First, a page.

After adding this, debug your pipeline and you should see the following output from the lookup activity.
Setting up the foreach loop
Now that we have the lookup activity set up, we need to use the output of this activity in a foreach loop, in the activities pane click on iterations and conditionals and drag in a foreach loop. Link the lookup to the foreach loop by dragging the green arrow there.
Click on the items pane and add the activity output value node. (As you can see in the output in the image above containing the output of the lookup activity)
After this, click on the activities tab in the foreach task and click on the pencil or just double click the foreach task in the GUI (graphical user interfaces).
Setting up the nested copy data task
From the activities pane click on move and transform and drag in a copy data task. Navigate to the source tab and select the previously created Azure SQL DB dataset.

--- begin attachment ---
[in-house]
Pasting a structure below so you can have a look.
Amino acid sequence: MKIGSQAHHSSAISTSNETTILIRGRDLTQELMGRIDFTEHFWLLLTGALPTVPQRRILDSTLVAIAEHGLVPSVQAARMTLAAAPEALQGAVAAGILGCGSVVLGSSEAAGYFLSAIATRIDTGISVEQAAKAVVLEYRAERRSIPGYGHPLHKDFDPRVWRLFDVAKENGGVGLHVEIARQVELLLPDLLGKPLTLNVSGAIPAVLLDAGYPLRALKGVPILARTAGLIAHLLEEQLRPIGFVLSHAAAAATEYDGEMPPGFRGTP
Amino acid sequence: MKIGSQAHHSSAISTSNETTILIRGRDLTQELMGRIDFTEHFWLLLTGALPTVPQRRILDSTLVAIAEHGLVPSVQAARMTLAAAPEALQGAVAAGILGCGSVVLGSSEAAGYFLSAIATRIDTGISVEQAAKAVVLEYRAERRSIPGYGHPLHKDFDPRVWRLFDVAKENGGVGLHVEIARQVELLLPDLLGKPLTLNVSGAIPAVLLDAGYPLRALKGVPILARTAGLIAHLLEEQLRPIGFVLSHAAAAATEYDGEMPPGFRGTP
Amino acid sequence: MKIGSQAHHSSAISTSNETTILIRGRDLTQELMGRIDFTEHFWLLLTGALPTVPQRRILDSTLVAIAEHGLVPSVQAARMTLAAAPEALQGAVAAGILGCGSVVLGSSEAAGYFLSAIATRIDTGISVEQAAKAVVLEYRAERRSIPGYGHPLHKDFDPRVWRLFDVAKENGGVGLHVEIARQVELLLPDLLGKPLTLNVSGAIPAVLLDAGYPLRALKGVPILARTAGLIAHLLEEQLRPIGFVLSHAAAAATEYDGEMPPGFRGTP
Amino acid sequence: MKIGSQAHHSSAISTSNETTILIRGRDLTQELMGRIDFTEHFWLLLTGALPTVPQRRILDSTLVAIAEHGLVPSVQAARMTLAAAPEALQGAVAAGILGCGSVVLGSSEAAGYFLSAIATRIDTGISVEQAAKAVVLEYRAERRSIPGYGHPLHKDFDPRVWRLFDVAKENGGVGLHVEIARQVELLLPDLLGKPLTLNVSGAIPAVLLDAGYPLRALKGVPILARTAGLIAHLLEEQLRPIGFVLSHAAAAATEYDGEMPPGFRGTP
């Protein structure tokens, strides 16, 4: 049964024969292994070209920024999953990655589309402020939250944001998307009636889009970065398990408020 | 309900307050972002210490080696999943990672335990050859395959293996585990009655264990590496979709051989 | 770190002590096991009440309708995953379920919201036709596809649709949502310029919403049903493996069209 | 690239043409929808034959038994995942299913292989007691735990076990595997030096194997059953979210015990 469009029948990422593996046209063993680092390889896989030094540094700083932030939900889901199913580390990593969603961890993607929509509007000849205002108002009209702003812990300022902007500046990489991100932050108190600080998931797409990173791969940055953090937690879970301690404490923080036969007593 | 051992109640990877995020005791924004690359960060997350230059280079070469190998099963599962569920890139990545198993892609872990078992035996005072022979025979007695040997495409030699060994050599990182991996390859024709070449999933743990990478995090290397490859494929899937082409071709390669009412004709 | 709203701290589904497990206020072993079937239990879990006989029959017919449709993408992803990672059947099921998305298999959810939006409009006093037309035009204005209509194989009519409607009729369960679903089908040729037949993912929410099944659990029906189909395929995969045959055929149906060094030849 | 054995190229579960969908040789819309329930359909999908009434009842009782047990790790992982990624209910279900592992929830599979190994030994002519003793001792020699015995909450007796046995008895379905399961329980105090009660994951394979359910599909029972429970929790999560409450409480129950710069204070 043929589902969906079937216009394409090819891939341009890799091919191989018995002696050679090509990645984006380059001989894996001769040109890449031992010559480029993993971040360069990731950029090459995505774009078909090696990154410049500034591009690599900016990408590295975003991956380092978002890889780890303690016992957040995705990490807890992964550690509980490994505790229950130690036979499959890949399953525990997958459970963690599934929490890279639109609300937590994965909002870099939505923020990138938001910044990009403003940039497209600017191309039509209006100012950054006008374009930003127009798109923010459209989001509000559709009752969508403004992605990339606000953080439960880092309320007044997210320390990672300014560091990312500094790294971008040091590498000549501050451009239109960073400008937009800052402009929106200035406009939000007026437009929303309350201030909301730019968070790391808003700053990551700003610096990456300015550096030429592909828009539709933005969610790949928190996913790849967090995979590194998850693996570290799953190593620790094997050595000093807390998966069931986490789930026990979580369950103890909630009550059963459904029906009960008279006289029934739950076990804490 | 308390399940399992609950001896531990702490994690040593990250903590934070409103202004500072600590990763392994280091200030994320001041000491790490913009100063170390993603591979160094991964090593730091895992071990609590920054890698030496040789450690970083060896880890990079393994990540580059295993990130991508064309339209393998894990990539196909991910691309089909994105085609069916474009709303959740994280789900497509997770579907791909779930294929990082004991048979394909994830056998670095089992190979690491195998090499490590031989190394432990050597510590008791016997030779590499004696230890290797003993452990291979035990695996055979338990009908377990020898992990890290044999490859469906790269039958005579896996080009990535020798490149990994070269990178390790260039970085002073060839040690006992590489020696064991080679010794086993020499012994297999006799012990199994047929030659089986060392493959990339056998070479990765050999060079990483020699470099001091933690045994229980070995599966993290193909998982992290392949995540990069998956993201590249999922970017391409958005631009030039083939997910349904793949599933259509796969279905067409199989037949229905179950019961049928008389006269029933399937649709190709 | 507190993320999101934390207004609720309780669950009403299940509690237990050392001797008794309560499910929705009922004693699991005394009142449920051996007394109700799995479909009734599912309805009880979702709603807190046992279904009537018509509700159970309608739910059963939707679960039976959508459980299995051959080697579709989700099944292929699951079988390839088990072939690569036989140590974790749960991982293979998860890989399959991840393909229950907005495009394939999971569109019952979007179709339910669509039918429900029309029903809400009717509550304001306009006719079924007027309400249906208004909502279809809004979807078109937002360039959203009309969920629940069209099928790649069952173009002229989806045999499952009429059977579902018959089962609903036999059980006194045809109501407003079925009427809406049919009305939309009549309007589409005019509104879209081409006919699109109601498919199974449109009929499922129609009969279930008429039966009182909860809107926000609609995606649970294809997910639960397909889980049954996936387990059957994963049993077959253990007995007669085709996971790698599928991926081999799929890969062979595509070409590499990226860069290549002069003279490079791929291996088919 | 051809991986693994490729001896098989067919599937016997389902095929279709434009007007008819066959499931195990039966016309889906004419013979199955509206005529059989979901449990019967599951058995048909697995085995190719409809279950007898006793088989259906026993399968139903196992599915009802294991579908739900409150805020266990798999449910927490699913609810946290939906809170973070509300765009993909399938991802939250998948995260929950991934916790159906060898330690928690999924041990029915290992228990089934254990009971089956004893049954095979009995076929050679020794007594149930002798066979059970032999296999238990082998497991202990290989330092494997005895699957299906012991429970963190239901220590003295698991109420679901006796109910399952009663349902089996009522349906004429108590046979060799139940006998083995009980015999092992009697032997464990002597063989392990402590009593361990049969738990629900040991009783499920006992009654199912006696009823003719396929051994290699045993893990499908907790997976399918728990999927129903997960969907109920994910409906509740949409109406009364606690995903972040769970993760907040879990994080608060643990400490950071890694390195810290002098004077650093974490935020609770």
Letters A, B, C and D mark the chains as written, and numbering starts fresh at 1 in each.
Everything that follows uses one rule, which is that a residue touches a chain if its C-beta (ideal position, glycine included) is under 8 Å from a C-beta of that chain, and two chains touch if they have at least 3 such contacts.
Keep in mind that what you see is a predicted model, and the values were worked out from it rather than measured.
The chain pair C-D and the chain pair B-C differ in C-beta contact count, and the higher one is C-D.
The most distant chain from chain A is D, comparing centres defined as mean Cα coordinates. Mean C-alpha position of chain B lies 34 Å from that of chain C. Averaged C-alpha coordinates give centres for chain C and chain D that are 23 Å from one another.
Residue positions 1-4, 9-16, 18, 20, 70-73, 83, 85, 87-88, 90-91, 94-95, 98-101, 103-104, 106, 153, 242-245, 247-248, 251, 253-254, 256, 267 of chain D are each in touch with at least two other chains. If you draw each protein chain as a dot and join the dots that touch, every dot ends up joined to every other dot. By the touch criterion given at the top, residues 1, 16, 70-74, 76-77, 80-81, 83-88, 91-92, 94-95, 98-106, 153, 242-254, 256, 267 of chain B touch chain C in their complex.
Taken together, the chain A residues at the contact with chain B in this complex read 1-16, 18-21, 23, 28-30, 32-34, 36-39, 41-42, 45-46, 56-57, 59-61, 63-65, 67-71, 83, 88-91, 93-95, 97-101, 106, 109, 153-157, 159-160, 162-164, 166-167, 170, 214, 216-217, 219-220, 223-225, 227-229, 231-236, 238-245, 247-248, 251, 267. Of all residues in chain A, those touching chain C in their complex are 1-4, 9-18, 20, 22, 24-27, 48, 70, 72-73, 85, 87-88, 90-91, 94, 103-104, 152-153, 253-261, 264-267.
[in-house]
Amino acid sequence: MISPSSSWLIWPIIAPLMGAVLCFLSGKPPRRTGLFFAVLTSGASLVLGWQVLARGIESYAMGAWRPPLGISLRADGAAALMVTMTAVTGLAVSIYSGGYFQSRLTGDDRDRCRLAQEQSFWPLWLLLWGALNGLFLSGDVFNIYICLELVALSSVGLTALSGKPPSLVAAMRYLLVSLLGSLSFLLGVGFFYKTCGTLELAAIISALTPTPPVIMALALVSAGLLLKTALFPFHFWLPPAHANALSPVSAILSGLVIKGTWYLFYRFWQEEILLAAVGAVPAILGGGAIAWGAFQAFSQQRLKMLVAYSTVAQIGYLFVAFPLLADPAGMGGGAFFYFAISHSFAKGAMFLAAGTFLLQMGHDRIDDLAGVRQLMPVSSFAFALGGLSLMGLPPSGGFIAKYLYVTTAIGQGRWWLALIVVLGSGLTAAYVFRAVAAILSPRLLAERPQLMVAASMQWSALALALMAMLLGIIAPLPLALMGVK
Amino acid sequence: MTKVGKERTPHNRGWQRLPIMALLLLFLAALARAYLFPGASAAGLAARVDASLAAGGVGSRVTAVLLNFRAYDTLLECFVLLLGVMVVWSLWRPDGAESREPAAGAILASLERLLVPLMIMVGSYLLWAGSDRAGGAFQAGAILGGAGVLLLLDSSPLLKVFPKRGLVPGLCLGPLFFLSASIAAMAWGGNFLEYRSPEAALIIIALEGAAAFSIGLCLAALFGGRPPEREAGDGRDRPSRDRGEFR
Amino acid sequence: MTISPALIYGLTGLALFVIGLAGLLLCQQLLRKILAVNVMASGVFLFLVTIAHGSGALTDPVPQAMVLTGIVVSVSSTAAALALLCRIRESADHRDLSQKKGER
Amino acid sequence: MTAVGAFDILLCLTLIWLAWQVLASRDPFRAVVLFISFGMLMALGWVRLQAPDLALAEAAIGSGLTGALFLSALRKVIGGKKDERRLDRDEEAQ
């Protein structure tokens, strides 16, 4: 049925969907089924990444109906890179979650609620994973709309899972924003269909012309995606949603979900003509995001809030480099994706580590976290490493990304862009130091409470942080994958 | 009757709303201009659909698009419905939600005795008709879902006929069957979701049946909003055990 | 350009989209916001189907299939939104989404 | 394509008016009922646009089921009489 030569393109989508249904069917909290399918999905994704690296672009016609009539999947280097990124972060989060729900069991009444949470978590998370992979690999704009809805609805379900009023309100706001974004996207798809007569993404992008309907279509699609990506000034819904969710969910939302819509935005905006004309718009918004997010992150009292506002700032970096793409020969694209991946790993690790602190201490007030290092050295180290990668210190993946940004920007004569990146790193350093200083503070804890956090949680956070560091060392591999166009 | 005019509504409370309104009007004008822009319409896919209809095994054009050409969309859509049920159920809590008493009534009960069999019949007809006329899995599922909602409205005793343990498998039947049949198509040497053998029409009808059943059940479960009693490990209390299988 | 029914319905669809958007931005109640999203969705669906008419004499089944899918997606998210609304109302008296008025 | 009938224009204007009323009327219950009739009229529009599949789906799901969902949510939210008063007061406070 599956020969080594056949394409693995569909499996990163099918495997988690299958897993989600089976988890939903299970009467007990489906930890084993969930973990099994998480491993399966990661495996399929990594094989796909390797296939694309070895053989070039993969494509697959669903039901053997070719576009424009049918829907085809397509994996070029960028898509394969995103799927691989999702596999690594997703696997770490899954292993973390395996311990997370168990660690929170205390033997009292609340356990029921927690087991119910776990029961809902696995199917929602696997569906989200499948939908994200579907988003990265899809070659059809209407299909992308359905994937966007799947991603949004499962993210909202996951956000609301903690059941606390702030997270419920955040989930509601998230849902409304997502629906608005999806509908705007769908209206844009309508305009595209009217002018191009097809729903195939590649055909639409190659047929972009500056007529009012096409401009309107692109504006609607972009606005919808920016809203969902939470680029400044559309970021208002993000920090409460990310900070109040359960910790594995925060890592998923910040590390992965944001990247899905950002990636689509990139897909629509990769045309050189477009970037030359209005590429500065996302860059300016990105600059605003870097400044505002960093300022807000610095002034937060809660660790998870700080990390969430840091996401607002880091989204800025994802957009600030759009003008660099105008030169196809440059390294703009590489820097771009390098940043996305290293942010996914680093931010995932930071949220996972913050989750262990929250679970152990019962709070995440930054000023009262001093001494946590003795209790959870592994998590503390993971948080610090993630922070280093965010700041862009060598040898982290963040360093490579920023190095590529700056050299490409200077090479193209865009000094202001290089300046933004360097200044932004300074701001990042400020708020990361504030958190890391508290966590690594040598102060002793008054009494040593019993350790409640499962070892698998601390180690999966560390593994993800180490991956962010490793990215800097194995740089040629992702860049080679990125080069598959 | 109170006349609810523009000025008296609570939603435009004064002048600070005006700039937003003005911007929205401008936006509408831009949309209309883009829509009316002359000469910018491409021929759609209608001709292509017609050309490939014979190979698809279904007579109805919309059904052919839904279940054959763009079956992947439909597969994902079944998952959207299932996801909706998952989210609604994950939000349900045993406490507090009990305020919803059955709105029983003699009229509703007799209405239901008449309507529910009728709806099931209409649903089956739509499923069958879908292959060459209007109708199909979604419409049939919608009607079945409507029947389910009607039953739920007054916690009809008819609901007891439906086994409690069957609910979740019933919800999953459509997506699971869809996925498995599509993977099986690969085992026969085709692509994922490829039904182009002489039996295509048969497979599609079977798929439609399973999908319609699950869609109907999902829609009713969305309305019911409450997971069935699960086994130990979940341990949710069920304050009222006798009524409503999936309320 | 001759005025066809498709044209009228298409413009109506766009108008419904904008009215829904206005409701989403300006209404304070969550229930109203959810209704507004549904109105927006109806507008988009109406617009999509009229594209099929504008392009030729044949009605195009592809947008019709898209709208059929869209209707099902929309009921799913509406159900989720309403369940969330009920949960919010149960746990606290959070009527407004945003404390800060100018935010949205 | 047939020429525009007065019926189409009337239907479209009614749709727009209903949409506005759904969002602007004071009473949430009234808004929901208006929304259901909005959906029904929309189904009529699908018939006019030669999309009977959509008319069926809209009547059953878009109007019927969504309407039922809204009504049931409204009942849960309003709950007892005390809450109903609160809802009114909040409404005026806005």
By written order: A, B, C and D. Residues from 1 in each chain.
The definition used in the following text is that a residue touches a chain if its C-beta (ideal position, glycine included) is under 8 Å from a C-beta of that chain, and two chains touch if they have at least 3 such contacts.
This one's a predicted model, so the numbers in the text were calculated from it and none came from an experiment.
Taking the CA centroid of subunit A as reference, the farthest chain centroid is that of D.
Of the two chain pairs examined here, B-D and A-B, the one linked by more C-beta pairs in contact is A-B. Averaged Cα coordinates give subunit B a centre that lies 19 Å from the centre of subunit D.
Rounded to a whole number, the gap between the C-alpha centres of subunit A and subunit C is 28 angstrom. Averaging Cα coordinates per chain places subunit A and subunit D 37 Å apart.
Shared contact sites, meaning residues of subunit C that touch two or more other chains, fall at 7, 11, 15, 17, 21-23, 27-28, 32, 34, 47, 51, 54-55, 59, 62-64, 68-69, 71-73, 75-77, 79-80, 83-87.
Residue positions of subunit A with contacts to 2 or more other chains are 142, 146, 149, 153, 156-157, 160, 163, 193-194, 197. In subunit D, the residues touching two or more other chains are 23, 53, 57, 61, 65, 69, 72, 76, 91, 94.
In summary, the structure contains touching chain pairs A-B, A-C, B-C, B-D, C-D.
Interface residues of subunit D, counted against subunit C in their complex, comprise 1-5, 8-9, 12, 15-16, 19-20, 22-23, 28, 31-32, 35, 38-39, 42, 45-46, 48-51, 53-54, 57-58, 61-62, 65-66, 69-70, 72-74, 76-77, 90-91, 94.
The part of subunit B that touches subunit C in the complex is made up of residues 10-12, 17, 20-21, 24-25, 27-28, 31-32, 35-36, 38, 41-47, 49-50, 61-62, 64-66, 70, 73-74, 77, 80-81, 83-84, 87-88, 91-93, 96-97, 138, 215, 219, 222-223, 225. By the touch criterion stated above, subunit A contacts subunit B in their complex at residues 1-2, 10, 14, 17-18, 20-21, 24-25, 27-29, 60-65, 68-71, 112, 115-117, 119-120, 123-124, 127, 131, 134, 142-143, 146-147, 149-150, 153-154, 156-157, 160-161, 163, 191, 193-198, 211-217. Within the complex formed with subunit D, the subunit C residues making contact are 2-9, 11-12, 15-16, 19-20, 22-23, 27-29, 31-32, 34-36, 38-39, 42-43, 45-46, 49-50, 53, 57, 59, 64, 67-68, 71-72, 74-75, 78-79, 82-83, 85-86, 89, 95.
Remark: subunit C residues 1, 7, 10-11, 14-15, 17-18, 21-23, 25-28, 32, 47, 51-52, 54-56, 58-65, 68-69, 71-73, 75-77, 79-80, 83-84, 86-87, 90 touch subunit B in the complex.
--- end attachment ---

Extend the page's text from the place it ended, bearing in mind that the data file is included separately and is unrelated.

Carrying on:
Add the two pipeline parameters to the dataset properties again and change the use query to Query instead of table.
Click in the query field and choose to add dynamic content, we will now build a dynamic expression based on the items passed on by the value output of the lookup activity. (Watch out if these are case sensitive!)
This dynamic expression will select all columns from the table of the current iteration, this concludes the work we need to do on the source tab.
Next up is our Sink (Destination), our sink dataset does not exist yet so we will need to specify the storage account, container, and folder we want to send our data to.
We also need to decide whether we will write to a CSV or a parquet file, in most cases I prefer to use parquet files which is a columnar based file which contains metadata (Data types etc.) about the data that resides in it. It will also give you great compression and the best IO is the IO you do not have to do.